We practice more or less, greater than/less than by choosing two hot chocolate math cards , creating and counting the correct number of snow dough “marshmallows”, and then using “math talks” to discuss which group has more or less and how they know.
Addition, Subtraction Smash, & Making 10
I also use play dough as a math manipulative when we are working on addition word problems. I read a word problem and the students use the play dough to help them visualize and solve the problem. They then write the addition sentence on the desk (or play dough mat) using dry erase markers.
Subtraction smash is a favorite! Students actually want to practice subtraction when we do this activity! Students choose 2 hot chocolate math cards, figure out which number is larger and create and count that many hot chocolate play dough balls. Then they “take away” the smaller number of balls by smashing them with their fists! So fun! Lastly, they write the subtraction sentence with a dry erase marker.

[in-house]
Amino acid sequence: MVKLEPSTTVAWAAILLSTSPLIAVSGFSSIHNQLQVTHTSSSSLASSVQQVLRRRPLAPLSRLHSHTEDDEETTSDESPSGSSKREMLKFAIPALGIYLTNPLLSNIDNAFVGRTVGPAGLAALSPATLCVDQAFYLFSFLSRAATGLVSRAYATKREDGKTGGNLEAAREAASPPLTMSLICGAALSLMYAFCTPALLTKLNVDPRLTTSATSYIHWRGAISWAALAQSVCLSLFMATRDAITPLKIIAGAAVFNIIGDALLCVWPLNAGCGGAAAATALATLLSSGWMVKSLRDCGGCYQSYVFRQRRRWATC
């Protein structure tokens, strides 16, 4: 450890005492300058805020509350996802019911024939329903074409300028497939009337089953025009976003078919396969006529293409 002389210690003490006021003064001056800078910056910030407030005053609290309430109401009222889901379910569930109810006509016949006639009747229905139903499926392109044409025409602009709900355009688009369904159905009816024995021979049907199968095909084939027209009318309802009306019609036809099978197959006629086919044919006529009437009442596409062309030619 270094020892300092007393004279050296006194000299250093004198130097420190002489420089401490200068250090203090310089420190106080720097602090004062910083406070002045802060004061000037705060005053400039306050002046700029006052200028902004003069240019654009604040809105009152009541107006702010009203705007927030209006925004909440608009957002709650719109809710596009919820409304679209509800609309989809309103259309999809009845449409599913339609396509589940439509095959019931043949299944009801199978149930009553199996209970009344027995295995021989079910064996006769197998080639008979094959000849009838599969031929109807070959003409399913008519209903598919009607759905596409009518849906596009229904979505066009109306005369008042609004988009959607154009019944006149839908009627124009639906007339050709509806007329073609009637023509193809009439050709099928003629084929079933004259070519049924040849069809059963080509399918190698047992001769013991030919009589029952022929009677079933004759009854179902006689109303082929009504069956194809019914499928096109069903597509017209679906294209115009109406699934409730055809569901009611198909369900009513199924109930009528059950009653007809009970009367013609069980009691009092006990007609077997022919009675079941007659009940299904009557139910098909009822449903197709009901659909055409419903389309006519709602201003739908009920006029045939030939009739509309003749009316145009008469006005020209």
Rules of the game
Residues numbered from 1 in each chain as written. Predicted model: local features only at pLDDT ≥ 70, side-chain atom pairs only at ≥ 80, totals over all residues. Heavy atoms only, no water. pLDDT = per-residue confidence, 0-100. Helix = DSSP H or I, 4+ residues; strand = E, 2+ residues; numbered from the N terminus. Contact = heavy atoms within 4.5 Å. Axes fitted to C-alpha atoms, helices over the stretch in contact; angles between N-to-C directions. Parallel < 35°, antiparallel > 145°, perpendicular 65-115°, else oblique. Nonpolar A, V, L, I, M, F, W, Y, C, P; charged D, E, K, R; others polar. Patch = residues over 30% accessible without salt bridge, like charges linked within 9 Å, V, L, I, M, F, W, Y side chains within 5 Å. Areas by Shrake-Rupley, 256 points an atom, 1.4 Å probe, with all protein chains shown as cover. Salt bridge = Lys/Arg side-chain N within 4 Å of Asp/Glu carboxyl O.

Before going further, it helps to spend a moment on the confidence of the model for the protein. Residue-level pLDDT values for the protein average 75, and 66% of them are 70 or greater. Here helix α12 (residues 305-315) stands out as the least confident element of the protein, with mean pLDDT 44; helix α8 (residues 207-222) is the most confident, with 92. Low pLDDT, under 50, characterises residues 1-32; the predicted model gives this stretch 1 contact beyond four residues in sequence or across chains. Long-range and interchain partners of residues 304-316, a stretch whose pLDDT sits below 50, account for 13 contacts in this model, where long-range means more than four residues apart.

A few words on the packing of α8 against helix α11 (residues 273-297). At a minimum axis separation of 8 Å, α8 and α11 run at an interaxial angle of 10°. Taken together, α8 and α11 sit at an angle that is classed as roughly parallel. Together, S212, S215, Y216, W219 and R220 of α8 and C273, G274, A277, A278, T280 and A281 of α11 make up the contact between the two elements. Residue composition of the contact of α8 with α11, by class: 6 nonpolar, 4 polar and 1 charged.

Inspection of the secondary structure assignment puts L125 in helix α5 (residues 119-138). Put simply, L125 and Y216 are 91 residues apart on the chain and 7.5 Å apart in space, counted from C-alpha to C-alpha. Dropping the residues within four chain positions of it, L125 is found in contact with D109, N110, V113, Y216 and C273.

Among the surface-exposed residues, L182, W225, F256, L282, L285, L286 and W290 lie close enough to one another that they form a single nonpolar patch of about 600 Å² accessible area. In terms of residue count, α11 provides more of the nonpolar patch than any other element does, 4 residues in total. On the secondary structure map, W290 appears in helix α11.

One of the core standards that kindergarten students need to master is making ten. We practice this using our hot chocolate ten frame cards and the snow dough. Students choose a card and then create and count out the correct amount of marshmallows to make 10. They then write the addition sentence with dry erase markers or sometimes for added fun they build the addition sentence with the snow dough.